‘How much ancient divisions survive’: unnatural alliances and the battle of Barnet, 14 April 1471

On 14 April 1471 a crucial battle of the Wars of the Roses was fought. Just outside the town of Barnet, Edward IV’s Yorkist force faced off against the Lancastrians, led by his former ally the earl of Warwick. In today’s blog Dr Simon Payling from our Commons 1461-1504 project examines the events of the battle and the impact of alliances… The period between June … Continue reading ‘How much ancient divisions survive’: unnatural alliances and the battle of Barnet, 14 April 1471

The battle of Towton and the Parliament of 1461

On 29 March 1461 the battle of Towton took place. A notoriously violent encounter, the battle is the topic of a previous History of Parliament blog. But today Dr Charles Moreton, from our Commons 1461-1504, project explores Towton’s longer impact on the planned Parliament of 1461… Today marks the 560th anniversary of by far the largest battle of the Wars of the Roses. It was … Continue reading The battle of Towton and the Parliament of 1461

A New Dawn? The accession of Edward IV on 4 March 1461

On 4 March 1461 Edward duke of York was proclaimed King in Westminster Hall. But the authority of this new regime was not universally accepted. Dr Hannes Kleineke, editor of our Commons 1461-1504 project, continues our look at what some call the ‘first’ war of the roses, 1459-1461 and the parliamentary rulings behind it… On 4 March 1461 a piece of political theatre was played … Continue reading A New Dawn? The accession of Edward IV on 4 March 1461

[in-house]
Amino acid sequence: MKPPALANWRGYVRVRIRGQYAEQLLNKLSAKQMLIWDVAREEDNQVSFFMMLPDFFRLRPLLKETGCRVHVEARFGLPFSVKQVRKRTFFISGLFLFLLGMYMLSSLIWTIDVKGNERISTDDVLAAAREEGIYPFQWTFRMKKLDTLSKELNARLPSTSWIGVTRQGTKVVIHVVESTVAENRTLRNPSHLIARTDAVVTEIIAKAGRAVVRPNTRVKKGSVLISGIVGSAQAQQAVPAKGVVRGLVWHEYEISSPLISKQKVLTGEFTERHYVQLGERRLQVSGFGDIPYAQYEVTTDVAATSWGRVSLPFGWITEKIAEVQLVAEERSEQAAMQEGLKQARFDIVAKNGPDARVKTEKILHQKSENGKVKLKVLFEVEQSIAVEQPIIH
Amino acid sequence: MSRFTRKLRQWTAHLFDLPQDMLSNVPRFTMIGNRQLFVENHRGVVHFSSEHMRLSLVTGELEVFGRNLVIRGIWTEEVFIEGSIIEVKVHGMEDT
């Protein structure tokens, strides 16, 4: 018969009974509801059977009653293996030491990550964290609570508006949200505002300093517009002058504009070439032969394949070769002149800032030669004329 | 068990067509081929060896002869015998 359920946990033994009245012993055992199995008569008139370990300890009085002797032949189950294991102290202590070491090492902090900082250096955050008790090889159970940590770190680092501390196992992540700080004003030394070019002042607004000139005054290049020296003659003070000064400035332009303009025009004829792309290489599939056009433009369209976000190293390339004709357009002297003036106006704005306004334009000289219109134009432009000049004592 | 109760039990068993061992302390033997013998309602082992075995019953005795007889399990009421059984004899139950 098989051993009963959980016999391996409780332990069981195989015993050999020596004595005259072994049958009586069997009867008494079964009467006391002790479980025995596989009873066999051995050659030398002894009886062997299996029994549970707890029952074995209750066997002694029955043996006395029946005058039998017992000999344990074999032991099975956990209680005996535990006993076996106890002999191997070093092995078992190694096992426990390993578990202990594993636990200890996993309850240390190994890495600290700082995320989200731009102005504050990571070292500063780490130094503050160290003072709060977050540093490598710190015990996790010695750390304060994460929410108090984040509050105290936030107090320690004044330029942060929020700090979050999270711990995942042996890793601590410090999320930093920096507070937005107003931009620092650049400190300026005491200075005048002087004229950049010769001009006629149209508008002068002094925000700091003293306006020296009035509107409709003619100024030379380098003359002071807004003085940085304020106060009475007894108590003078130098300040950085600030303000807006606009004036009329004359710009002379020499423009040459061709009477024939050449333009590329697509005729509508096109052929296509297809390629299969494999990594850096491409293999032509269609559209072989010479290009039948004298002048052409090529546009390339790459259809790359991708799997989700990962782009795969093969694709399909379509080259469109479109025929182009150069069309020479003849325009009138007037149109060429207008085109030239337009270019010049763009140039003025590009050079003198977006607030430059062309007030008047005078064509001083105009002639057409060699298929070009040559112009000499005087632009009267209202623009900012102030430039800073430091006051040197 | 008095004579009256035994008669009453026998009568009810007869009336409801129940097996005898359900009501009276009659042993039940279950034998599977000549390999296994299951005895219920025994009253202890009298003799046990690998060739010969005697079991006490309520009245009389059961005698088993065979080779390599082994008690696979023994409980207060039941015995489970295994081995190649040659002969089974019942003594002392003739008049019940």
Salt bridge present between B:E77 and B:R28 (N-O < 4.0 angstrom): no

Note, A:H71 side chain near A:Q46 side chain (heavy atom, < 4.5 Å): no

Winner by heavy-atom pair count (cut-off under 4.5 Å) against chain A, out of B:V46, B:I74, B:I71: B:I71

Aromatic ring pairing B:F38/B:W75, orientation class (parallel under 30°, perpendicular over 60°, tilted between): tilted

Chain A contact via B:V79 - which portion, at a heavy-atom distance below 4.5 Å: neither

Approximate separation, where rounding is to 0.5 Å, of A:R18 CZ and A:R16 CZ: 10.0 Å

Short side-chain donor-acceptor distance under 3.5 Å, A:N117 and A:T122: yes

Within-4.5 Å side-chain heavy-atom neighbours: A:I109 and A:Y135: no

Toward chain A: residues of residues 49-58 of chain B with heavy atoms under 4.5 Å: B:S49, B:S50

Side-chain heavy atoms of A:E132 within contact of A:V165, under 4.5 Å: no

Was the battle of Towton as bloody as all that?

Today is the anniversary of the battle of Towton, a violent battle in 1461 which resulted in Edward IV claiming the throne from Henry VI. The battle is often thought to be the bloodiest ever fought on British soil, but is this really the case? Dr Simon Payling, Senior Research Fellow in our Commons 1461-1504 section explores… The battle of Towton on 29 March 1461 … Continue reading Was the battle of Towton as bloody as all that?

Yorkist Parliaments, but not at York

At the beginning of this week, the government sparked debate by announcing the possibility of relocating the House of Lords away from Westminster to the city of York. But this is not the first time that the city has been considered as a parliamentary host, as Dr Hannes Kleineke, editor of our Commons 1461-1504 section, explains… In the light of suggestions that the House of … Continue reading Yorkist Parliaments, but not at York